Stay in school

Now that school’s out, I think the Yahoo! Celebrity editors should hit the grammar books and learn a little something about the use of an apostrophe in a contraction:

schools out cel

If it ends in S, give it an apostrophe

The basic rule of punctuation over at Yahoo! Style seems to be: If a word or name ends in S, add an apostrophe.

rivers apos passed sty

It may not be the worst mistake they’ll make and maybe there are people reading right past that error. But most people won’t get past the passed, which passes for past.

It doesn’t belong in Guys Choice

What was my first clue that the writer at “corrected” the name of the Guys Choice awards? I looked at the picture. Maybe next time the writer will, too, and not add an apostrophe where it doesn’t belong.

fp guys choice apos

Should we give this writer a “time-out”?

Does the person responsible for this misplaced question mark on Yahoo! Parenting deserve an editorial “time-out”?

time-out quest quot

Unless the words within quotation marks are a question, the question mark goes after the closing quote mark.

Welcome. Now go away

The home page of a website is like a Welcome mat, but at Yahoo! Makers it’s more like a Go Away mat. You’ll look, see a mistake or two or three or four, and just want to click somewhere else.

I don’t know why anyone would hang around this site after reading this. This is absolutely not absolutely:

absolutley diy

This headline is missing the hyphens that would make it a 20-year-old:

20 year old diy

If I were reading a site created in the UK, this wouldn’t be a problem. But this is definitely not the preferred spelling in my neighborhood:

neighbourhoods diy

Didn’t we all read something by Ernest Hemingway when we were in high school? And didn’t we all learn to spell his name?

hemmingway diy

Maybe the writer didn’t attend high school in the U.S. Or anywhere.

It’s missing something

It’s a missing apostrophe on the in what should be a contraction of it is:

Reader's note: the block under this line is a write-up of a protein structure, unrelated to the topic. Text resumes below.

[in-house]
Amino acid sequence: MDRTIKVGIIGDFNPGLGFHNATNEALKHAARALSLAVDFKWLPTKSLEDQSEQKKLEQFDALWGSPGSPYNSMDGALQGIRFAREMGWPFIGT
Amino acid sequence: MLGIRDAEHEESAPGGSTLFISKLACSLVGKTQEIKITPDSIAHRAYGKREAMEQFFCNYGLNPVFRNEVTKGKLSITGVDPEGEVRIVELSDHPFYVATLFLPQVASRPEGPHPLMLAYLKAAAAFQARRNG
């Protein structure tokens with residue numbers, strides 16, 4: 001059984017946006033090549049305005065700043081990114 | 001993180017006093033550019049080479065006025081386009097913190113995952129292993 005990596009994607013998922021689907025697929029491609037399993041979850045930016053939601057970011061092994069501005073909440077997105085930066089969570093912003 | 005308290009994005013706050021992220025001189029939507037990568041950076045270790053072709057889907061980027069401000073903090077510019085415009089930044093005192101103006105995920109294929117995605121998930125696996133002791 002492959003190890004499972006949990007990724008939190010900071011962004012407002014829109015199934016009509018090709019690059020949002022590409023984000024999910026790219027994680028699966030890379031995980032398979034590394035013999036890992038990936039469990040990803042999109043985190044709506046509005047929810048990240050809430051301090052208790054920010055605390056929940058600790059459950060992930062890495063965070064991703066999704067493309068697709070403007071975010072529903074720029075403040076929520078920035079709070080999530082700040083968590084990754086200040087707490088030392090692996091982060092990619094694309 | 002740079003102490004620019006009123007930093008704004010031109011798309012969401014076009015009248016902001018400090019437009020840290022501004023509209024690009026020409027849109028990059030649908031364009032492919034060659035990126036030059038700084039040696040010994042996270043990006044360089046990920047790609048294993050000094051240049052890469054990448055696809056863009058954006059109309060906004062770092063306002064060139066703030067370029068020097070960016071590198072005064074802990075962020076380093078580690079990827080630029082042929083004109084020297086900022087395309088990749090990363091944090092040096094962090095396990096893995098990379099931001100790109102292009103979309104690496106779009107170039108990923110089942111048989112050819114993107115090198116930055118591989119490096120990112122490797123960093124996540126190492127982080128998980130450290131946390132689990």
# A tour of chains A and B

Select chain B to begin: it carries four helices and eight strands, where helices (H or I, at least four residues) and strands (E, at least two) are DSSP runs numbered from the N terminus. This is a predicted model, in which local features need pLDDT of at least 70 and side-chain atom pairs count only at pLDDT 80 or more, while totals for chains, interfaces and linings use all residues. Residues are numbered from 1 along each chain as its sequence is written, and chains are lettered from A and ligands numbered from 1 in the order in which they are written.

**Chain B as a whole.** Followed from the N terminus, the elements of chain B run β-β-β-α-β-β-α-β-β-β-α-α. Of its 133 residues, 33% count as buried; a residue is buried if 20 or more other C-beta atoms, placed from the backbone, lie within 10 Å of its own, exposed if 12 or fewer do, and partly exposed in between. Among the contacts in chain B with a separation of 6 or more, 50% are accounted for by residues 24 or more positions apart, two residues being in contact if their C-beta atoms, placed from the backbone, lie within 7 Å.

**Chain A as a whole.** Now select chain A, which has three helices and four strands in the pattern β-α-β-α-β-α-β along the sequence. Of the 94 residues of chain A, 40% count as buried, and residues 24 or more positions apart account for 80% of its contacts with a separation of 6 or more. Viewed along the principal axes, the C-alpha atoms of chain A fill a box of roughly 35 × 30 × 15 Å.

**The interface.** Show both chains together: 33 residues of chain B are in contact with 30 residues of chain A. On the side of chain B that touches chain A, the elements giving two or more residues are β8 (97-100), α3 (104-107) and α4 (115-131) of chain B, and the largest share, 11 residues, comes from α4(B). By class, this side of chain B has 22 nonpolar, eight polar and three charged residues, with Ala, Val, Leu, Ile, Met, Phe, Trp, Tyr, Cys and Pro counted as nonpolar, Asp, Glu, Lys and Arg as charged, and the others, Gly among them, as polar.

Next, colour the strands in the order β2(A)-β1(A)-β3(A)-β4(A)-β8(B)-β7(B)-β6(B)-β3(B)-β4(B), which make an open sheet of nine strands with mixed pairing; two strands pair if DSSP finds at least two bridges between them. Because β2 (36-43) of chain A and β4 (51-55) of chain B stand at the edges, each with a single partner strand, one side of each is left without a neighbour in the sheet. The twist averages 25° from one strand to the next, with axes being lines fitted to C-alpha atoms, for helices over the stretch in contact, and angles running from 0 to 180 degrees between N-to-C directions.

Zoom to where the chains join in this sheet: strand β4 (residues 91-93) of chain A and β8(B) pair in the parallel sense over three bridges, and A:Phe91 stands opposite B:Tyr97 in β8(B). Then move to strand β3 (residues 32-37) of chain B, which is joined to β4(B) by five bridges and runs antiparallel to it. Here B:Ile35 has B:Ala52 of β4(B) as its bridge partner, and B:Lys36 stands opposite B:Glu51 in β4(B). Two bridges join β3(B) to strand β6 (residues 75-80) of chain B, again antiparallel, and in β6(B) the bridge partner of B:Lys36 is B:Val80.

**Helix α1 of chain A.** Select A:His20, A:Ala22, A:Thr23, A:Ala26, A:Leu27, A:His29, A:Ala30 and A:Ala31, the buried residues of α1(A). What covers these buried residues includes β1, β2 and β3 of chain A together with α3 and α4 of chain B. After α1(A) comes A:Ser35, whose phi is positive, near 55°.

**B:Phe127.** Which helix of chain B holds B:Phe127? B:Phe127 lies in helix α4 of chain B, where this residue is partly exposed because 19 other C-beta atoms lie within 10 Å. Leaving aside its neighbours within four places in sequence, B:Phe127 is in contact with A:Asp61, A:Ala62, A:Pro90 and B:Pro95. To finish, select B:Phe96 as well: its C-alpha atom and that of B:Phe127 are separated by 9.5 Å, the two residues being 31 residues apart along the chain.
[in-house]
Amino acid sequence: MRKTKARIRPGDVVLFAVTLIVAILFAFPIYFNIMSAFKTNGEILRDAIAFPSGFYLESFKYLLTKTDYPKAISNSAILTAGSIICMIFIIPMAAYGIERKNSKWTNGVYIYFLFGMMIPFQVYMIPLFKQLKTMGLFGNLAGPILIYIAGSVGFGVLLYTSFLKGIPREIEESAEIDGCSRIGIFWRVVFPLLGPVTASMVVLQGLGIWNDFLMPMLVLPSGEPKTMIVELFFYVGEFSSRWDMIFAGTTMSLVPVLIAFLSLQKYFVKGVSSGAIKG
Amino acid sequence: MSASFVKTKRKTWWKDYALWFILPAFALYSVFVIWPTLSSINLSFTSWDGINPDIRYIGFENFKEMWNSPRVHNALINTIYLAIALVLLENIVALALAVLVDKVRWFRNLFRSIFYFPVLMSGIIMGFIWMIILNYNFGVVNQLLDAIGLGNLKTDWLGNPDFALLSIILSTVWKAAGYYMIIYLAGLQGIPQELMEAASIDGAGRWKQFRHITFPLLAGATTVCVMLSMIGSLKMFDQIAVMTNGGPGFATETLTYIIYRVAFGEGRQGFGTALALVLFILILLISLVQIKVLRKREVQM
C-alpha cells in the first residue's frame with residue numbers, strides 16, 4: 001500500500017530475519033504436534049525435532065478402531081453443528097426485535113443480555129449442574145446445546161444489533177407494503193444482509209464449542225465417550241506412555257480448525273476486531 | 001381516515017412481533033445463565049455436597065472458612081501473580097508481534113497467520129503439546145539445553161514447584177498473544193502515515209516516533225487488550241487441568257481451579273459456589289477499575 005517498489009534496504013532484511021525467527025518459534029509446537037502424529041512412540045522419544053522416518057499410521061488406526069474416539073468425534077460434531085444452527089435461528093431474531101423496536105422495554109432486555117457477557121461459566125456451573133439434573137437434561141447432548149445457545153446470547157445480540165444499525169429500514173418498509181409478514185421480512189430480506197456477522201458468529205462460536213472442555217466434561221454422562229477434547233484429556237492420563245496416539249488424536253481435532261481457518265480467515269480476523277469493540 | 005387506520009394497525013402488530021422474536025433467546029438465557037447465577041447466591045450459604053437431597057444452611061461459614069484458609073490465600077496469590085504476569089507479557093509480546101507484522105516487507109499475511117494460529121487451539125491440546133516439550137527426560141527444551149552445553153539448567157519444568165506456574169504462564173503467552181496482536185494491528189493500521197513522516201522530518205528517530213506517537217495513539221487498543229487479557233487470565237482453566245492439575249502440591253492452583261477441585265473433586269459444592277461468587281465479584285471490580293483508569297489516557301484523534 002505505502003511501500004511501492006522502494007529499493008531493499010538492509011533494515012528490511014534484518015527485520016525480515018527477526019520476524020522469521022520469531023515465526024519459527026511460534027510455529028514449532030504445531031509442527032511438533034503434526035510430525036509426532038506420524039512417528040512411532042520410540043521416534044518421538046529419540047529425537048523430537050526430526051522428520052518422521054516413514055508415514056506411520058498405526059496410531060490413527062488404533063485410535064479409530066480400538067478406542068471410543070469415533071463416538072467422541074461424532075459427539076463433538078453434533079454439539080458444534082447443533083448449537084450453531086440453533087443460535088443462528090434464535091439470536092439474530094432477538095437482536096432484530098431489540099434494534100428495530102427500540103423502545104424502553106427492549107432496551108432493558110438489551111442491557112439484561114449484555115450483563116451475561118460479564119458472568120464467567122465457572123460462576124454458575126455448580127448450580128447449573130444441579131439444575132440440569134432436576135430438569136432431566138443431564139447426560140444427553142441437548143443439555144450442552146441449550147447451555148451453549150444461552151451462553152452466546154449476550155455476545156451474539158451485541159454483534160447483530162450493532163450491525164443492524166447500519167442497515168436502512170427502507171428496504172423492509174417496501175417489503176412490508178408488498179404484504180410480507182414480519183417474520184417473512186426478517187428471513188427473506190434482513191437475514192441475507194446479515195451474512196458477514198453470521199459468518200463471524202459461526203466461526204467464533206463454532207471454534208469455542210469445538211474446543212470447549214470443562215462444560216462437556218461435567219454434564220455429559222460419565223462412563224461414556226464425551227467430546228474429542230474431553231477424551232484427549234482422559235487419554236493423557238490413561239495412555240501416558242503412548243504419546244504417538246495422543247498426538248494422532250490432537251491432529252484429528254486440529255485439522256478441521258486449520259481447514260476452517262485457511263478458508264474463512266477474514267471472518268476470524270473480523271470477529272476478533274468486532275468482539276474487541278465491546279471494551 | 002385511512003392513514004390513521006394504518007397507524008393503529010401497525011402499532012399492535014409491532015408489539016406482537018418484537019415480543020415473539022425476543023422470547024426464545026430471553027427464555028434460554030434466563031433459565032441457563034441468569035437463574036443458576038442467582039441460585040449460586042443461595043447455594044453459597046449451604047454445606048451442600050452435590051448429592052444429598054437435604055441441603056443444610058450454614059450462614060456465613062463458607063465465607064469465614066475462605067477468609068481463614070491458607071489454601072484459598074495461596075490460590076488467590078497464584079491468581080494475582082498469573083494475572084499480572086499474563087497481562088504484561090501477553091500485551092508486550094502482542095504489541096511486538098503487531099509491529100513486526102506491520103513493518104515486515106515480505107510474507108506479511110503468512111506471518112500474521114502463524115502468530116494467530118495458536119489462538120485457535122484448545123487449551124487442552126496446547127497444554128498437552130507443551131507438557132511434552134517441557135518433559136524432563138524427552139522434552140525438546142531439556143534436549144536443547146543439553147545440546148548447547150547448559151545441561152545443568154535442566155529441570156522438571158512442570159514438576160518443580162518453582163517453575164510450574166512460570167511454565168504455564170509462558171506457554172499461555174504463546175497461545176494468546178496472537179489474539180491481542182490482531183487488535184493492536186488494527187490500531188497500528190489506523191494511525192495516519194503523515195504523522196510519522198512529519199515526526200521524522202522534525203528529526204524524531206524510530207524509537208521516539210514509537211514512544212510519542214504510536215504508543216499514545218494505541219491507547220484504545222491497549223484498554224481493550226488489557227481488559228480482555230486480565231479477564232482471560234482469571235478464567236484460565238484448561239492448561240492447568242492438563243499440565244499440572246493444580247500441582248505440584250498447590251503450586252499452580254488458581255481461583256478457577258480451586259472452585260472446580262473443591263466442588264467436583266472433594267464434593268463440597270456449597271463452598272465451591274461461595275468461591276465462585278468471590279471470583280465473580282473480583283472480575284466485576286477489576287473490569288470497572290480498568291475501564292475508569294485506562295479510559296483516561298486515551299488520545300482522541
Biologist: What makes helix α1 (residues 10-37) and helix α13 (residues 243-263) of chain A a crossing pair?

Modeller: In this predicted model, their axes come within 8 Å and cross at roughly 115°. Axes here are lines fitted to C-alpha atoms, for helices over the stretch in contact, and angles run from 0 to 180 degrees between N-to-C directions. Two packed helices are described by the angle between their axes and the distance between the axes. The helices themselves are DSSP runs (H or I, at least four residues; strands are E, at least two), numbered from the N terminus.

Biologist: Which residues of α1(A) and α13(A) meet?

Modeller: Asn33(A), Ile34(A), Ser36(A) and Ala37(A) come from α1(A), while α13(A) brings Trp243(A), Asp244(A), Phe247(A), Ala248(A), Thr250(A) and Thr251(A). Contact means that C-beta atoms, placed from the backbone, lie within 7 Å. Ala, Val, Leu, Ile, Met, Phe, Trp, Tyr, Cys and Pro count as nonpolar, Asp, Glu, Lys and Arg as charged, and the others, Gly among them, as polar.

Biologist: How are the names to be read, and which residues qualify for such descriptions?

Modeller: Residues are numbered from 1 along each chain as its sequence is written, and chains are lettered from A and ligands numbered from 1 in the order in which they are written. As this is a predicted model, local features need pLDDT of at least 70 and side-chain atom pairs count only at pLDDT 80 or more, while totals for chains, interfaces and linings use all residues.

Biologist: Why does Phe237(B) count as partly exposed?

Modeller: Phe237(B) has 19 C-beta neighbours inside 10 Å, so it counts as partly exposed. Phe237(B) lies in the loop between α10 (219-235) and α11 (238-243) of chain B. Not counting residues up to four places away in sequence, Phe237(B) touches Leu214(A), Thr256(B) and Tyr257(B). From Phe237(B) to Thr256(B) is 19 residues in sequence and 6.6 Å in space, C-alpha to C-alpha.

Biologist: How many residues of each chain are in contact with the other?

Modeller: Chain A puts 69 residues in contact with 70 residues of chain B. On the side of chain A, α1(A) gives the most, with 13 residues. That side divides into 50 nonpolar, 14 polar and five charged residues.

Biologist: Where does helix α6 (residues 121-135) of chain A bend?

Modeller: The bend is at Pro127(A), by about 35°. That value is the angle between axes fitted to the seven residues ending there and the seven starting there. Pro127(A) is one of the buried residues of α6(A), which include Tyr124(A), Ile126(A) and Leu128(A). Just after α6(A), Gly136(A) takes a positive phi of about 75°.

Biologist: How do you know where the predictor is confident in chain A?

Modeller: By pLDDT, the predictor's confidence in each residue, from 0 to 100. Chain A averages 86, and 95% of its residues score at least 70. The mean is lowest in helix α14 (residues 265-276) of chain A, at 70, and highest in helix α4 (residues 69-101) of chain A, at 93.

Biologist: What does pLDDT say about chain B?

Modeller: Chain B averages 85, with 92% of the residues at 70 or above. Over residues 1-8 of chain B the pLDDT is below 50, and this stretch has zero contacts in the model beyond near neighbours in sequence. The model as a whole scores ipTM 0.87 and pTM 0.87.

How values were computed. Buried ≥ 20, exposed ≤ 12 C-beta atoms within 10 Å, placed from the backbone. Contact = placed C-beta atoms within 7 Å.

fp its no apos

My curiosity is piqued

I’m really curious about the writers at Yahoo! Style. How did they get they job writing for a site that’s viewed by millions of people, and yet know so little about English? I’ve been wondering that for as long as I can remember. It piques my interest. You might even say my interest peaked after reading this:

cant remember piques

Here’s one person’s reaction

Yuk! That’s my reaction to the misplaced apostrophe on Yahoo! Style:

peoples sty

The word people is already plural; its possessive form is people’s (just like the possessive forms women’s, men’s, and children’s).

There’s one exception: If you mean peoples (a group of individuals sharing a common culture, religion, or language) like the peoples of North Africa, then the possessive is peoples’.

Millions of dollars’ worth of errors

It’s really just one error and in appears on Yahoo! Makers:

dollars worth diy

This is a case of a quasi possessive. (It’s also an example of the genitive case, which is more grammar than I like.) Anyhoo, if you’re unsure whether you’re faced with a simple plural or a quasi possessive, try this: Substitute the number 1 for the number in the phrase. So, instead of “millions of dollars worth,” try “one dollars worth.” Notice that I used dollars, and not dollar, because that sounds right to me. But of course it’s not a plural, so it must be a possessive: one dollar’s worth. This method depends on having an “ear” for correct language, something Yahoo! writers seem to lack.

My selfie’s what?

This guy’s selfie beats my selfie’s what? My selfie’s stick? What did the writer for Yahoo! Travel mean?

selfies apos tra

I think it means the writer doesn’t know how to form a plural of a word ending in -IE. Maybe next time we’ll see a headline about tie’s and lie’s.


Get every new post delivered to your Inbox.

Join 990 other followers

%d bloggers like this: